Driven to Succeed, Ty Moore Hooked by Goldeyes
American Association Daily provides insights and features on the American Association of Professional Baseball League, as well as player and coaching profiles and transactions going on with teams around the league. In today’s edition. we feature Winnipeg Goldeyes outfielder Ty Moore, who is driven to reach the Majors while also helping his team in their quest for a third straight championship.
Introducing Ty Moore
One of the things about baseball that you will commonly hear is that this is a sport that does not necessarily reward hard work and effort. A player could spend hours of additional time in the batting cage and study film obsessively, yet, still wind up going 0-12 over their next three games. It is truly a game where doing everything right doesn’t necessarily earn you a better performance at the plate.
It also doesn’t necessarily earn you a longer stay with an affiliate club. One of the most perplexing aspects of affiliate ball is that the performance of a player on the field does not necessarily translate to respect within the organization. That player could improve each year, put up solid numbers, and be a guy who looks like he has an enormous amount of potential, yet, he can find himself released in a matter of just a couple of seasons. It truly is a head scratcher.
It is a situation that could either crush a young man’s spirit, sending him into retirement at an early age, or drive him to prove that he truly has what it takes to reach the highest levels of the sport. In the case of Winnipeg Goldeyes outfielder Ty Moore, he is looking to use his new opportunity to prove that the dream he had since he was a little kid will not end until he is standing on a Major League diamond.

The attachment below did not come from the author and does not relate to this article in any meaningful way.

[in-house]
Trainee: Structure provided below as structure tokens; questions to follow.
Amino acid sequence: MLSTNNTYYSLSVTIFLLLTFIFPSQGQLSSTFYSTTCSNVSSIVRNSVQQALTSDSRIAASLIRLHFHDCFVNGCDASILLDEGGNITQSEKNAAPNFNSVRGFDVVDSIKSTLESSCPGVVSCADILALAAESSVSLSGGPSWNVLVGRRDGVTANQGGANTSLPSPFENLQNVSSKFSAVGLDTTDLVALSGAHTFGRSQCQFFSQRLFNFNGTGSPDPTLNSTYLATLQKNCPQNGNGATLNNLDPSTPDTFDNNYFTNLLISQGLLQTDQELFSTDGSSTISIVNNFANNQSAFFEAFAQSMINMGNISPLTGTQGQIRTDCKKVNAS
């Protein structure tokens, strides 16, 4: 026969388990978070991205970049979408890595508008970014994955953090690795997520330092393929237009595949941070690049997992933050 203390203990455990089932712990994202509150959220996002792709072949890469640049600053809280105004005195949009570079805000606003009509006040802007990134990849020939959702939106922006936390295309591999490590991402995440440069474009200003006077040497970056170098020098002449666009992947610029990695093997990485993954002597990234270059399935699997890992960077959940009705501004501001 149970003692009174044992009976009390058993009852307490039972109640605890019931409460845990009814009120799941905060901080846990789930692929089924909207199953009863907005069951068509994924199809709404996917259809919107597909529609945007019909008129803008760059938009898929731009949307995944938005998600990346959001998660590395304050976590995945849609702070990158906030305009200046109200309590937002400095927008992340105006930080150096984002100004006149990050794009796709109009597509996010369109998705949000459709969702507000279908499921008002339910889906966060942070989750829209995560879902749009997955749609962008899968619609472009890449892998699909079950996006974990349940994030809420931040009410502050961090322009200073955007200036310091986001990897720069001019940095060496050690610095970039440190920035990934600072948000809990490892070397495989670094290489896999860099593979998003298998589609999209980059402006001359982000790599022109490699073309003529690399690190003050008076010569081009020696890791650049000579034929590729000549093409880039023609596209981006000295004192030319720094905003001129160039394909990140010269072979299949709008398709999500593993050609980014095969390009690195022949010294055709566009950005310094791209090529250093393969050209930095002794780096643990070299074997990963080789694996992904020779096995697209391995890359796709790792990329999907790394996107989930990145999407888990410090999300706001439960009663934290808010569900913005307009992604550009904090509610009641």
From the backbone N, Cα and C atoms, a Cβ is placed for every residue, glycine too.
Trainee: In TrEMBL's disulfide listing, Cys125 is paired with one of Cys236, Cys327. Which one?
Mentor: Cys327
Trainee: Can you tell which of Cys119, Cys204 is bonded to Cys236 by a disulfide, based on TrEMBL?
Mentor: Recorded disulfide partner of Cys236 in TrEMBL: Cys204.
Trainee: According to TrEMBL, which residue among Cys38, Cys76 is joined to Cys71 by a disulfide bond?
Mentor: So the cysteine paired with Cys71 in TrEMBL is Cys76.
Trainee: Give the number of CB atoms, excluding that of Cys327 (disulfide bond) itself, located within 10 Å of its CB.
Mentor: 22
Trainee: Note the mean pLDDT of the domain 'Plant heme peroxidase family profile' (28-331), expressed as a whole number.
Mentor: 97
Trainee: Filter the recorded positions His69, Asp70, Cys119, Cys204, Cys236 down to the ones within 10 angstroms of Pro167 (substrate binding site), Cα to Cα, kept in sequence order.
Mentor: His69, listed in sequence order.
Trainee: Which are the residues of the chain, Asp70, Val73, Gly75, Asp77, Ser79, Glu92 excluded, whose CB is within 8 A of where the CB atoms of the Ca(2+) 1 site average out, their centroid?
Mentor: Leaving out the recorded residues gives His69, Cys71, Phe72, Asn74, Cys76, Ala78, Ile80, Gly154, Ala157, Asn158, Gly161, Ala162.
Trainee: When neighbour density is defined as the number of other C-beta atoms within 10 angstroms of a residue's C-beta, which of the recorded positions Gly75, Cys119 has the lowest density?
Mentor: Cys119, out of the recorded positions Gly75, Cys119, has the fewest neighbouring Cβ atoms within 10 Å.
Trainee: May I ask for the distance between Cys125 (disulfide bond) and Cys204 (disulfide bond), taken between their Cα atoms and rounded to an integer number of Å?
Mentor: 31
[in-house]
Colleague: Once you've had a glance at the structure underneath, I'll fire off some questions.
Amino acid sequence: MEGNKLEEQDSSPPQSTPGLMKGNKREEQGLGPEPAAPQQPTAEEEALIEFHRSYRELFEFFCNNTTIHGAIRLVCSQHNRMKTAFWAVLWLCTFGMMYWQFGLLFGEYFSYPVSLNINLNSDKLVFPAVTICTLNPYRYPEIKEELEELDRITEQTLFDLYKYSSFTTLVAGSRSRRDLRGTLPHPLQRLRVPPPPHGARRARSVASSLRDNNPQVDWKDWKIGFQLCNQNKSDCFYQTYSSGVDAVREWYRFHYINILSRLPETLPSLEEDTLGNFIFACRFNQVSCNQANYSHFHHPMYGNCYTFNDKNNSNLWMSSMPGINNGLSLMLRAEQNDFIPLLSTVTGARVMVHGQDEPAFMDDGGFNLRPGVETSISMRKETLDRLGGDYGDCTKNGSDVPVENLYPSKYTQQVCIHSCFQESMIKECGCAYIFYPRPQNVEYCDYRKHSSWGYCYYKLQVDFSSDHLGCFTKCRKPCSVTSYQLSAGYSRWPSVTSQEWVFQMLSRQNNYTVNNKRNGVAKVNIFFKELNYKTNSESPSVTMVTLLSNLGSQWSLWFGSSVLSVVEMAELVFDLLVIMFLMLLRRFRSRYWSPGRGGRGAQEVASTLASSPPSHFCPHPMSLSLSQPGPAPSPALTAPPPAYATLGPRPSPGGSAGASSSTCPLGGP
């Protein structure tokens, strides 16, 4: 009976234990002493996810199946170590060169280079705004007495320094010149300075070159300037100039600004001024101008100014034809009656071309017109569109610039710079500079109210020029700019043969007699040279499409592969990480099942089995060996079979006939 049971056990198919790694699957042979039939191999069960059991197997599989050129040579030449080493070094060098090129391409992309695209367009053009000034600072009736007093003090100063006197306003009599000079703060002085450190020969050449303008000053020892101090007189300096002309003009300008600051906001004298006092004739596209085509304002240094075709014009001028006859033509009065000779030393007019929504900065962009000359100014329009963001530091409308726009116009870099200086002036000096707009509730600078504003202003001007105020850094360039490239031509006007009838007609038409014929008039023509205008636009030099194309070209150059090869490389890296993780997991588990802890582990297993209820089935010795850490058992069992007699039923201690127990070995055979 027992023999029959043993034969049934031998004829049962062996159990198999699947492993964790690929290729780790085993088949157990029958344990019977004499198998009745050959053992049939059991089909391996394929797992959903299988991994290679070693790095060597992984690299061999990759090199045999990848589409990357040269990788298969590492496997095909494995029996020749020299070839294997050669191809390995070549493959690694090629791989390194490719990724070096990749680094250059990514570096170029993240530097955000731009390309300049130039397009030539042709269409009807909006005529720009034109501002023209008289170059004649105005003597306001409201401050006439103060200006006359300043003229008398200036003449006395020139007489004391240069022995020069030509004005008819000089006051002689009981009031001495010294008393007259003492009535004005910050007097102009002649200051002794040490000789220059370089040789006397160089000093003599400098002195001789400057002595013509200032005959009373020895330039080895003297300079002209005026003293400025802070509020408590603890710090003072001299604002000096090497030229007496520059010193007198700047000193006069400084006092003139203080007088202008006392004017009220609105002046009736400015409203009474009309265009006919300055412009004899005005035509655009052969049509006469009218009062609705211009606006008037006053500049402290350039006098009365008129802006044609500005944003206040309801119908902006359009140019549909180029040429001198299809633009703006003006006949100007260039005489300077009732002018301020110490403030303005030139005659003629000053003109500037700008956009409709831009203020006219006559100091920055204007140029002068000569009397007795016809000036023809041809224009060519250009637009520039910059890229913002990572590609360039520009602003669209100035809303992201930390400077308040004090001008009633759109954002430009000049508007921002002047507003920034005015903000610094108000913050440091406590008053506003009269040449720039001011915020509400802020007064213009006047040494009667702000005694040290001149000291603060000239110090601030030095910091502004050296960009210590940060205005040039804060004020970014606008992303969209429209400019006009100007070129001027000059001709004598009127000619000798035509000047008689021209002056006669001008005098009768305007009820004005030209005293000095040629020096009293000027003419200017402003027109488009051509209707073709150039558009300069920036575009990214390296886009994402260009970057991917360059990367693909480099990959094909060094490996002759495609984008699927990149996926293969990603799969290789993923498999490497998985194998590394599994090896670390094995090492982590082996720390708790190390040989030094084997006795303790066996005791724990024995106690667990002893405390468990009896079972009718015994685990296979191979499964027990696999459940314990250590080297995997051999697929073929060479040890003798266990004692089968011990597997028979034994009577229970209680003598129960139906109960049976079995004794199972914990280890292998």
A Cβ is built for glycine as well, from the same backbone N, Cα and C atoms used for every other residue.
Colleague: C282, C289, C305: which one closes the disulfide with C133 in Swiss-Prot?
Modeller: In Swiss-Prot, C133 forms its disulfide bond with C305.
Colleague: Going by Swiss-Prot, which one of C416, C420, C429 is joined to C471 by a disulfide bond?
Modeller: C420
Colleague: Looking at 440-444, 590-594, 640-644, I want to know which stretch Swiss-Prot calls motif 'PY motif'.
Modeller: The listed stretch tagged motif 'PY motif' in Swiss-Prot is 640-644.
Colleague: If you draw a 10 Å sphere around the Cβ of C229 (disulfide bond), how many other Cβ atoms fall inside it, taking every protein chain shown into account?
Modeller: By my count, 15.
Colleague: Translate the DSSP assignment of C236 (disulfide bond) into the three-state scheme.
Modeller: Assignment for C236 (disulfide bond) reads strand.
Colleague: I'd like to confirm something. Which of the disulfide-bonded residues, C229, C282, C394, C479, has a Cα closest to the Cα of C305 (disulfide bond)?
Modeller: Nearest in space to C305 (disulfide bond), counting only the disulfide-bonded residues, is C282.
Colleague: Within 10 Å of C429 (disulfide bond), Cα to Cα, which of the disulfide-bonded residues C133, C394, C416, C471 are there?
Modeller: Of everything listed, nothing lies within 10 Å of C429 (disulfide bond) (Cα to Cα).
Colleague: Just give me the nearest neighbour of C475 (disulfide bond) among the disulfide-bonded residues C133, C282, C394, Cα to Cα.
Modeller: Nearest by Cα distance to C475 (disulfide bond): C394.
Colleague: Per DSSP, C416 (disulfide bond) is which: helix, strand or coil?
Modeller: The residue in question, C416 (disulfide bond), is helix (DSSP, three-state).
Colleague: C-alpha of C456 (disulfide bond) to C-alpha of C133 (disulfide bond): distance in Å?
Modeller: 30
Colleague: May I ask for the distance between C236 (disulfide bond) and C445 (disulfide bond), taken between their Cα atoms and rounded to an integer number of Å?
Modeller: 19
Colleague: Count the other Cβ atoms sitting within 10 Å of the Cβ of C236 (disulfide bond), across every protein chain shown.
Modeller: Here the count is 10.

Baseball Is a Member of the Family
Ty Moore grew up in a family where baseball was an enormous passion. His dad, Roger, played, baseball through college at Cal State-Dominguez Hills and his brother, Chance, also competed at the college level.
His dad continued to play softball as well as coach Chance’s baseball team. Even though his brother was four-years older than him, Ty was even to play on his brother’s team, which afforded him the opportunity to challenge himself against much higher level competition.
“I was being taken to softball fields and, when my dad was done playing in a softball league, I went to my brother’s games where I was always the batboy. Sometimes my dad would put me in my brother’s games even though he was four years older than me. I was seven years old playing with my brother’s 11 and under team and I always liked to compete against the older guys.”
Proving to Be a Man of His Word
Baseball had always been the priority for Ty Moore. He had a standout career at high school powerhouse Mater Dei (Santa Ana, CA), where he was on the varsity team all four years. He was named the Gatorade California State Player of the Year his senior season, and was also named to the USA Today All-American team after hitting .406 with 23 RBI.